The Fundamental Truth

Knicks Can't Run Away From Basketball's Basic Tenets

As the curtain descends on this Cinderella Knicks season, everybody is looking for an angle. From the immigrant cab drivers idling outside Madison Square Garden to the neighborhood bar in Spike Lee's old Brooklyn stomping grounds, the comeback scenarios abound. This team just has to find one more way to win. But for all of the hope fueled by off-balance runners and desperation three-pointers, the talk at the Garden last Sunday, as Spurs practice wound down, was of altered shots and closed-down lanes. The

court, marked with the logos of the New York Liberty for a late-Sunday WNBA game, was an apt reminder that time was closing in on the Knicks' chances at one more improbable turnaround.

For better or worse, these ragtag Knicks and their formidable opponents from the Alamo have weighed in with the final word on a watershed season that delivered NBA basketball from the brink of self-destruction. At first glance, these two teams couldn't appear more different: the young guns riding bareback and waving lassos versus the clean-cut cavalry marching to victory in perfect formation. The Spurs' long-awaited bid for a championship was built on the block: the virtually unassailable post moves of second-year, seven-foot phenom Tim Duncan, buttressed by the towering David Robinson's smooth, shrewd movement off the ball. Their presence in the paint draws defenders like flies to honey, opening up the perimeter for the sweet-shooting Sean Elliott or the dagger-launching Jaren Jackson. By contrast, the Knicks rode anything but a game plan to Eastern Conference dominance. A Marcus Camby tip-in here, a Latrell Sprewell steal there, a Patrick Ewing box-out for a rebound way back there. (Need we mention, yet again, the Allan Houston off-balance floater and the Larry Johnson four-point play?) Running on the adrenaline of empty, with no place to go but up, this Knicks team has spent the postseason giving new meaning to the phrase "finding a way to win." With a skeletal squad that was still casting about for a solid identity, Knick coach Jeff Van Gundy— ever the post-up traditionalist— grudgingly gave way to a running game that was once the sole province of flashy Western Conference teams.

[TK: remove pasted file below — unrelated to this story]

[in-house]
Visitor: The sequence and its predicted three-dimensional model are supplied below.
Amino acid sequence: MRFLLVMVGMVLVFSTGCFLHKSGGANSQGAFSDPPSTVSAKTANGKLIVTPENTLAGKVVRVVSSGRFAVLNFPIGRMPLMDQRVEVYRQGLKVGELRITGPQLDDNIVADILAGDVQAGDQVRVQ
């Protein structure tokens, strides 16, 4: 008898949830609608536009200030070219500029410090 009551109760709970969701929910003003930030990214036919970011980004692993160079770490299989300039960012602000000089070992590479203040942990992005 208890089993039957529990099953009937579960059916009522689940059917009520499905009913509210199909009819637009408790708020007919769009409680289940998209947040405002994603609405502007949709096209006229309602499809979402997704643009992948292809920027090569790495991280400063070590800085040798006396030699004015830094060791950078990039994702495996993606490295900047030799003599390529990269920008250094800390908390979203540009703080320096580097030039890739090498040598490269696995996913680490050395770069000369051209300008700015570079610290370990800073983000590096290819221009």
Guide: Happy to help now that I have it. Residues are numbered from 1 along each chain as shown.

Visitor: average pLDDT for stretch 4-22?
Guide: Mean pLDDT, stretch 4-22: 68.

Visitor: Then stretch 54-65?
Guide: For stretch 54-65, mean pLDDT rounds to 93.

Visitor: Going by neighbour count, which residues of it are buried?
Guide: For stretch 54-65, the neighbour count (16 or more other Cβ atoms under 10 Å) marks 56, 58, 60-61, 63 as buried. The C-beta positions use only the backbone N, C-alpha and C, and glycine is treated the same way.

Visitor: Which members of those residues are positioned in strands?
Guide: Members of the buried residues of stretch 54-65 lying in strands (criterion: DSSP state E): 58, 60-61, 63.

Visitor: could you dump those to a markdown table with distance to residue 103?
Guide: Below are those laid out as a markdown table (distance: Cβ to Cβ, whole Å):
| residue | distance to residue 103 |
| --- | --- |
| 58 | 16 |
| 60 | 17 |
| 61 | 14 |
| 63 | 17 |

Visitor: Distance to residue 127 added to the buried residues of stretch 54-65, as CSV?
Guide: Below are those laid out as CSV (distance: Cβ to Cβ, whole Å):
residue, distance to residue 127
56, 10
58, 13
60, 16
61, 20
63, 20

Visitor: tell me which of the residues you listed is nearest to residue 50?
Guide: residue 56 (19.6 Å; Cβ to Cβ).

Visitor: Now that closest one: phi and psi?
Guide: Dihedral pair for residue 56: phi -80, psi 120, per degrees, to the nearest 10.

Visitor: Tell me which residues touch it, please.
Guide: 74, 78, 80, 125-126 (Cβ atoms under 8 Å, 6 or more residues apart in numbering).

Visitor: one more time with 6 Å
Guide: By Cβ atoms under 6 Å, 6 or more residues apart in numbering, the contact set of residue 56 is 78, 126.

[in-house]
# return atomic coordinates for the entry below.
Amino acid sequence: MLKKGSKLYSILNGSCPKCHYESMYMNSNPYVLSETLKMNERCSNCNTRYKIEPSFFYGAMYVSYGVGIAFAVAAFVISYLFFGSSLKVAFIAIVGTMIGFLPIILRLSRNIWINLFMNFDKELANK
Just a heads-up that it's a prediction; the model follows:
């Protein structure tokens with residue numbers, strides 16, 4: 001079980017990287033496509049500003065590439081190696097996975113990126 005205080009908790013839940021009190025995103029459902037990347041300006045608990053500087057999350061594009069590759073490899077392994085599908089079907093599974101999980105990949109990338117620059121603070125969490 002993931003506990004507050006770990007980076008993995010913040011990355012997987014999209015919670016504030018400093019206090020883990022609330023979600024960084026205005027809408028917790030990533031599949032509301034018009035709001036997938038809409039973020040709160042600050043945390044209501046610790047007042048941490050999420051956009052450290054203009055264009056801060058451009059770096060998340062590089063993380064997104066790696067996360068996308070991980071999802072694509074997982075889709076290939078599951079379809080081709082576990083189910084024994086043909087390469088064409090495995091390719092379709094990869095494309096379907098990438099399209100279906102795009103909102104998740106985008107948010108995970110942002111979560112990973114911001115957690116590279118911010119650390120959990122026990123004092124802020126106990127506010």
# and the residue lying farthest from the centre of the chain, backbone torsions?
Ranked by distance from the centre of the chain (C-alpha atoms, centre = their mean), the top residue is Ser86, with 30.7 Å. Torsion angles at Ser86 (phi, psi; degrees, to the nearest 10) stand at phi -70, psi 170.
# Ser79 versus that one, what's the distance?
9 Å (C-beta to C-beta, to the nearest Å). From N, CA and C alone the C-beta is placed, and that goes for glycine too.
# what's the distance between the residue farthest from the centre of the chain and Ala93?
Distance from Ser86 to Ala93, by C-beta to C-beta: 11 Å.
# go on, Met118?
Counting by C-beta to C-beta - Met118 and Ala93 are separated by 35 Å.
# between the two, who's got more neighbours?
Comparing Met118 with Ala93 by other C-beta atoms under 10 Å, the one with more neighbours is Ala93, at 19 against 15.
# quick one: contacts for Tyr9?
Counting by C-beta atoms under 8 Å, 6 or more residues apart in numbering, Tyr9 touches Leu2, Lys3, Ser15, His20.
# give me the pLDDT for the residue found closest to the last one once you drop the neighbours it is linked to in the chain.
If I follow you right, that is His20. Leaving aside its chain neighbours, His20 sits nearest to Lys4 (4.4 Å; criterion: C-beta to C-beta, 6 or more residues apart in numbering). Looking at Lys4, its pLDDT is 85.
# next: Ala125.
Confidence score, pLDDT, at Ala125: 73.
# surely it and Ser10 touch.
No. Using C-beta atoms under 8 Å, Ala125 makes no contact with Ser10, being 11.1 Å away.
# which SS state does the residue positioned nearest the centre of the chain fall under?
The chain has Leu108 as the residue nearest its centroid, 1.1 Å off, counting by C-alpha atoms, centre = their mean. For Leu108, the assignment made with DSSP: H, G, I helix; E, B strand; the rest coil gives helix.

Was this oddball matchup an aberration borne of a stunted season? Or is it a harbinger of things to come in a league casting about for new direction on a landscape where the soaring silhouette of Michael Jordan looms no more? Will a Spurs victory signal a return to the traditional discipline of a post-up offense? Or will an impossible Knicks' comeback raise divine glory, karma, and Zen-babble to new heights of importance on the basketball court— with all of the power to affect "the little things" that was once attributed to simple effort and concentration?

There was little consensus on these questions among the luminaries of basketball commentary who milled about the Garden sidelines last Sunday. ESPN's David Aldridge wasn't anxious to draw sweeping conclusions about the game from the outcome of this series. "This is not a referendum on one style as opposed to another," Aldridge said. "When people win, that's the vogue. Everybody's gonna try to get two seven-footers together now." But the Duncan-Robinson dominance on the blocks is no more the magic bullet of the millennium than Tex Winter's triangle offense. If this Knicks run to the Finals has proved anything, it's that some principles of the game never falter. The pendulum will always be swinging, passing through each team's unique plane of opportunity where every shift of the angle is another chance for the players to dig in their heels and strike a balance.